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restoration of Christian supremacy, not only in

Palestine but in all the principalities which

they had formerly held. And yet of all

the advantages afforded by the general condition of affairs, the Syrian Christians secured no more than this: a six years' truce with Saphadin.

Meanwhile, Almeric and Isabella, titular

king and queen of Jerusalem, both died; and

the shadowy crown of that alleged "kingdom"

descended to the Princess Mary, daughter of

Isabella by her former marriage with Conrad

of Tyre. It was, however, deemed essential

by the barons and knights of the West that

the young Queen Mary should be strengthened

by the arm of a husband, and the choice being left to Philip Augustus of France, that

monarch selected the Prince John, son of the

Count of Brienne, as most worthy of the

honor. Accordingly, in 1210, the prince departed for Palestine, claimed the hand of Mary,

and with her was jointly crowned.

When the truce with Saphadin expired,

the Christians refused to renew the treaty,

and hostilities were presently resumed. It

soon appeared that King John, with the

handful of knights whom he had brought

with him from Europe, was unable to repel

the encroachments of the Turks. In his

distress he wrote a pathetic appeal to Pope

Innocent III, beseeching him for the love

of the fallen Cross again to rally the Christians of the West for the salvation of Palestine. His Holiness was most ready to undertake the enterprise. Although he was

at present profoundly engaged in the work

of suppressing the heretical Albigenses in

the south of France, he sent a favorable

answer to King John's appeal, and issued a

letter to the Christian rulers of Europe, proclaiming a new Crusade. He also directed the

clergy of all Christendom to urge forward the

laity, should the latter lag in renewing the

Holy War. The fourth council of the Lateran

was called, and a resolution was adopted by

the august body to undertake once more the

great work of subjugating the Infidels of Syria.

Such was the origin of the Fifth Crusade.

The leaders of the new expedition to the

East were King Andrew of Hungary and the

Emperor Frederick II. Besides the armies

led by these two princes a third was organized,

consisting of a mixed multitude of Germans,

French, Italians, and English. King Andrew set out with his forces in the year 1216, and

was joined on his route by the dukes of

Austria and Bavaria. On reaching Palestine the Hungarian monarch made some

desultory incursions into the Moslem territories, but besides ravaging undefended districts accomplished nothing honorable to

himself or his country. He soon abandoned

the enterprise, gathered his forces on the

coast, and reembarked for Europe. The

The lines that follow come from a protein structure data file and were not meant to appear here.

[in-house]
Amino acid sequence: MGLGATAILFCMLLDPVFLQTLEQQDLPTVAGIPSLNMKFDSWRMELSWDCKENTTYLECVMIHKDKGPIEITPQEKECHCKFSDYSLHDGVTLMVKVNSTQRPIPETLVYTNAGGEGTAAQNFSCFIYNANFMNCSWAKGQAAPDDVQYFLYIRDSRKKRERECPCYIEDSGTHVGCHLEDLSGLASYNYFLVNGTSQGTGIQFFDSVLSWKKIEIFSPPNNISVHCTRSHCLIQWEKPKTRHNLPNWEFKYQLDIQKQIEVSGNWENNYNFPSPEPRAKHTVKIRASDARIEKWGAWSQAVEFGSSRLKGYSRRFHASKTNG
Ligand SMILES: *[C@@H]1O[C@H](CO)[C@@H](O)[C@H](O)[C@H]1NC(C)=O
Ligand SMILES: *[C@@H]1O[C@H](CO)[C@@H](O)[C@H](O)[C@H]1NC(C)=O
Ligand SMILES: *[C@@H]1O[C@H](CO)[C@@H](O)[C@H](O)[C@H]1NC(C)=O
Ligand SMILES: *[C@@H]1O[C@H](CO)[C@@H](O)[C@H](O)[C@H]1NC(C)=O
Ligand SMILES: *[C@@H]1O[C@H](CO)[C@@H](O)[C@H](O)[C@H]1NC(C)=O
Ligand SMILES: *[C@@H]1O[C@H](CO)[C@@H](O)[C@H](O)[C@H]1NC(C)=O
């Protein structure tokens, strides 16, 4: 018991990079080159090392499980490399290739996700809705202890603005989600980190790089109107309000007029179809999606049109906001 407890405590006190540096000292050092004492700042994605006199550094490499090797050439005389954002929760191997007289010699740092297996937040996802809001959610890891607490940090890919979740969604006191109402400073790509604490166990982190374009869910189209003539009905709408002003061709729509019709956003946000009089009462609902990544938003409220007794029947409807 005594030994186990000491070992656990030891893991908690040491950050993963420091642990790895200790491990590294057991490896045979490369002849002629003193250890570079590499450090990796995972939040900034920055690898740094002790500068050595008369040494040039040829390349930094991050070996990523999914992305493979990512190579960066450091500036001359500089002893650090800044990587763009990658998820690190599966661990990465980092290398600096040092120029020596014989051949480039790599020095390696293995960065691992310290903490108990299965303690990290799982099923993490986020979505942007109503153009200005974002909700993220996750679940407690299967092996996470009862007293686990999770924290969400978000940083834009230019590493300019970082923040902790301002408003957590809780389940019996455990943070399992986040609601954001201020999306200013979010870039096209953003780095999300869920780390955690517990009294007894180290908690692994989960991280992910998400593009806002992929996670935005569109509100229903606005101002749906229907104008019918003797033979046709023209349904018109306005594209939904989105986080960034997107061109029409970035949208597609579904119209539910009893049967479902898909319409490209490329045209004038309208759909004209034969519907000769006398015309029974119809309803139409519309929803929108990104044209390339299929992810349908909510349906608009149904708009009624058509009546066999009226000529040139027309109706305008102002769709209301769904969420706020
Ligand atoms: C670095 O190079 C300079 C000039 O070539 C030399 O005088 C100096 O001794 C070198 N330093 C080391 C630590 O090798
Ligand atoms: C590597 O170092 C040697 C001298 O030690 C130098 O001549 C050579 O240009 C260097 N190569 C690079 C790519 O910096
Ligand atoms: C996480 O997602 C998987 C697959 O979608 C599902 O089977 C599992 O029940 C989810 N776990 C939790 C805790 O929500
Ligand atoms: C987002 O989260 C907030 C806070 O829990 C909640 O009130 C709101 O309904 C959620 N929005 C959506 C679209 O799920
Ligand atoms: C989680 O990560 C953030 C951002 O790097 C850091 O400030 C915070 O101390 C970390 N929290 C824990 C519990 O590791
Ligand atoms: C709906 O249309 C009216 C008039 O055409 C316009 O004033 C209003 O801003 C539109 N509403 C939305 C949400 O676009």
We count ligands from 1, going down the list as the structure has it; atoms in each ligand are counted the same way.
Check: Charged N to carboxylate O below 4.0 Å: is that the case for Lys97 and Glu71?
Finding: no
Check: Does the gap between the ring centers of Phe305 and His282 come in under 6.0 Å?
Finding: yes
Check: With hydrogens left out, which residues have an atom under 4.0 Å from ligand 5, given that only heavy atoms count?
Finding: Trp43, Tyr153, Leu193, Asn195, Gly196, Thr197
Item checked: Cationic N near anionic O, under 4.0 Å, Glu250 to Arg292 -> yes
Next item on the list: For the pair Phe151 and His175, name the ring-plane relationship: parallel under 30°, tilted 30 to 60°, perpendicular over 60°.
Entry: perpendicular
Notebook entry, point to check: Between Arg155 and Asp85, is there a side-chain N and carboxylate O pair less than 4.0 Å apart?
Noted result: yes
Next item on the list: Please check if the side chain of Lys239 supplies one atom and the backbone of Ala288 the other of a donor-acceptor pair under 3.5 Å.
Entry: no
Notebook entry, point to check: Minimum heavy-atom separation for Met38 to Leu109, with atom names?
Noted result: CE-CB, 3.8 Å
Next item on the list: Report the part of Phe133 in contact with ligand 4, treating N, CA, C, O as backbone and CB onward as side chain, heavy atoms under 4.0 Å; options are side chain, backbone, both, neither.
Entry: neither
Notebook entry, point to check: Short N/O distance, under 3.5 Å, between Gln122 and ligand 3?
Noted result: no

Germans, however, who had accompanied

the expedition, refused to return, and joined

themselves with the knights of Palestine

to aid them in defending whatever remained

of the kingdom of Jerusalem. Other bands

of warriors like-minded with themselves arrived from Germany, and the forces of the

Christians were so augmented that it was resolved to make a campaign against Egypt.

That country had been reduced to such a

state of misrule, famine, and pestilence as to

have become an especially inviting field for

foreign invasion. There only wanted the additional fact of storied wealth and treasure to

inflame to the highest pitch the cupidity of

the mercenary chivalry of the West. Nor

could it be denied that even from a military

point of view the conquest of Egypt was an

important, if not a necessary antecedent, to

that of Syria.

In the year 1218 an armament fitted

out at Acre left the Syrian coast and proceeded against Damietta, at the mouth of

the Nile. The Christian forces were landed

before the city, and the place was at once

besieged. An assault was made upon a castle

in the river, and though the assailants were

beaten back, so furious was their onset that

the defenders of the castle were terrified

into a capitulation. A short time afterwards

the news was borne to the Christian camp

that their great enemy, Saphadin, was dead,

and the dread which they had hitherto felt

of Syrian assistance to the Egyptians was

dismissed. Another circumstance favorable

to the Crusaders was the almost constant

arrival of other bands from Europe. Some

of these were headed by the chief barons of

Italy, France, and England, such as the

counts of Nevers and La Marche, and

the noted earls of Salisbury, Arundel, and


While, however, the forces of the besiegers of Damietta were thus augmented, an